Now that all the “hard” work is done, it’s time to get our Discovery ready to take out into the field and see what she can do. But before we just head out into the desert and start pulling the trigger, we need to get an idea of what pellet we want to focus on, what will be our optimal shot count, and what kind of variance we are getting across those shots.Benjamin Discovery, all dressed up and no place to go…
Like our old high schools, PCPs grade on a curve…
The only way to get really consistent shots from a PCP airgun is to install a regulator. A regulator will measure out the exact same pressure of air for each shot (theoretically), delivering a consistent velocity for each shot. The Benjamin Discovery does NOT have a regulator from the factory, so you are relying on a balance between the hammer spring and the valve spring to deliver a number of useable, relatively consistent shots.
Our test rifle can shoot about 30 +/- shots from 2000 psi down to 1000 psi. Around shot 20, the velocity starts dropping like a rock. But, from shots 1 to 20, things are very, very consistent. Again, using our Benjamin Discovery Hollow Points, shot 1 started at around 810 fps and shot 20 ended at 811 fps. The maximum velocity was 832 FPS. That gives us an extreme spread of only 22 FPS. That’s pretty darn good from an unregulated, entry level PCP airgun. In fact, I’ve tested some PCPs costing a whole lot more that don’t deliver that kind of consistency.
Final steps before basic accuracy testing…
Before I start testing for the “best” pellet and basic accuracy, I really need to clean the barrel. Unfortunately the Discovery does not lend itself to clean from the breach, so we’ll have to go from the muzzle. You could dismantle the rifle, but you’d run the risk of voiding your warranty and damaging some of the small interconnecting parts.
I’m going to start with a nylon brush and just see what kind of progress we can make with that. It took a bit of time and a lot of patches, but eventually they started to get a bit cleaner and then eventually pretty close to completely clean. Expect to spend 20 minutes or more just getting the bore cleaned out. It’s well worth the time to clean and maintain your airgun. Doing so means that you’ll get the best performance and if you do it regularly, it should be performance you can count on.
Picking the pellet contenders…
I have over 70 different varieties of .22 cal pellets that I’ve collected over the years of testing. You can bet that at least one or two is going to be accurate in just about anything that come across my bench. When it comes to the Discovery, you can almost go up to the shelf blind folded, grab any tin and know that you’re going to get halfway decent accuracy. I selected 6 different pellets for my initial tests:Benjamin Discovery – preliminary pellet tests at 10 yards – card 1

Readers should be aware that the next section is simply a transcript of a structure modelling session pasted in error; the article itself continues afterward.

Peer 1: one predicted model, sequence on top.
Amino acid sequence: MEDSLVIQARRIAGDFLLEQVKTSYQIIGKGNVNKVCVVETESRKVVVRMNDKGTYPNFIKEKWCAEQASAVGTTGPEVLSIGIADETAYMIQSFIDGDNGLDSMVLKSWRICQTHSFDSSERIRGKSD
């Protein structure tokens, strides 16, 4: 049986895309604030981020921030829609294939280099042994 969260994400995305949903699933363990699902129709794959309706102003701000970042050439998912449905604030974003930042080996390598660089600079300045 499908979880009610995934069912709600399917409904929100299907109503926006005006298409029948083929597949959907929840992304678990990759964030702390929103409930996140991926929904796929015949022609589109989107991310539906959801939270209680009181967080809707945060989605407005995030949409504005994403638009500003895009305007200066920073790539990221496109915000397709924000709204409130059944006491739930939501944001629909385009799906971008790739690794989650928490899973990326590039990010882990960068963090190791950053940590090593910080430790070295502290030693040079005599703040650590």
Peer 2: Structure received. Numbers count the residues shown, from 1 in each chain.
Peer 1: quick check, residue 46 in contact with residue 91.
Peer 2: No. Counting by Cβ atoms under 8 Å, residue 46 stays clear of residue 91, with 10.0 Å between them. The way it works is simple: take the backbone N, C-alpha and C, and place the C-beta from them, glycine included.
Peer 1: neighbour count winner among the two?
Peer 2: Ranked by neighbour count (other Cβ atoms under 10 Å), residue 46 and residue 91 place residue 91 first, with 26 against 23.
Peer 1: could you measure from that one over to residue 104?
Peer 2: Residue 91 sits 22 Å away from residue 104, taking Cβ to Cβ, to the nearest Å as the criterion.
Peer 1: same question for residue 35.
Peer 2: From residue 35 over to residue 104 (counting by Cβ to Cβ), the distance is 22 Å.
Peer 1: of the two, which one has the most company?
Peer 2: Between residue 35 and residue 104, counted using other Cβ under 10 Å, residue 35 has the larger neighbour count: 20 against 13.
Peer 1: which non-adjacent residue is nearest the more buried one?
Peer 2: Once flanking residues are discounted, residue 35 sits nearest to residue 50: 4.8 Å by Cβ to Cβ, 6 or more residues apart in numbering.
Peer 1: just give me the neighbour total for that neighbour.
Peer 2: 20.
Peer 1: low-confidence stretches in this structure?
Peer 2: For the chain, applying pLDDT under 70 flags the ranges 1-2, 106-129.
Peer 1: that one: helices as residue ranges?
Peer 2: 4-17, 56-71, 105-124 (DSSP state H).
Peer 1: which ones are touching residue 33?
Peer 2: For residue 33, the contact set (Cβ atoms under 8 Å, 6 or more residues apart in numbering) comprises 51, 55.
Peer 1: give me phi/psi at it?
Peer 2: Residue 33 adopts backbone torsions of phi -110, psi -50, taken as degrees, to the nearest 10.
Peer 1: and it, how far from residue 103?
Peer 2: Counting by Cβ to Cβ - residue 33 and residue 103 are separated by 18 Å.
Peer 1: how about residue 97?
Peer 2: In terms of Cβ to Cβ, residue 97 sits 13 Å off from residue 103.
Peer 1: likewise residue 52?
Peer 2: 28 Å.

1 – Discovery Hollow Points -14.3 Grain – .269″ CTC
2 – H&N Field Target Trophy – 14.66 Grain – .298″ CTC
3 – Crosman Premier in the cardboard box – 14.3 Grain .337″ CTC
4 – JSB Metal Mags – 17 Grains – .488″ CTC
5 – H&N Baracuda Match – 21.14 Grains – .418″ CTCBenjamin Discovery – preliminary pellet tests at 10 yards – card 2
6 – H&N Baracuda Hunter Extreme – .451″ CTC
The extreme variance between all these groups was only .219″ CTC. Granted I was only shooting at 10 yards and only using a 4×32 scope. I have to wonder if the larger groups were about the inherent accuracy of the rifle or just me? Tim will certainly tell. In any case, let me share with you what those results tell me.
What did we learn?
Up close, the Benjamin Discovery Hollow points are going to be pretty hard to beat. When you start to stretch things out to 40 and 50 yards however, they may start to wander as the hollow point starts to work against them. I believe we’ll see the Premier’s in the cardboard box or the H&N Field Target Trophy pellets more accurate at range. The “dark horse” pellet in the bunch is going to be the H&N Baracuda Match. If that pellet has enough initial velocity, it may hold a tighter patter at range because of the increased mass of the pellet.
Of course there’s only one way to find all this out and that means we’re heading out to the desert for some more testing. So keep your eyes on the blog for our last article in this series on the Benjamin Discovery. But, don’t think we’re completely done. If I have my way, we’ll start working in some of the wonderful customizations that are out there for the Discovery. Not only is it a great gun out of the box, but there’s almost no end to what you can get to customize it to your perfect needs. It’s a great airgun!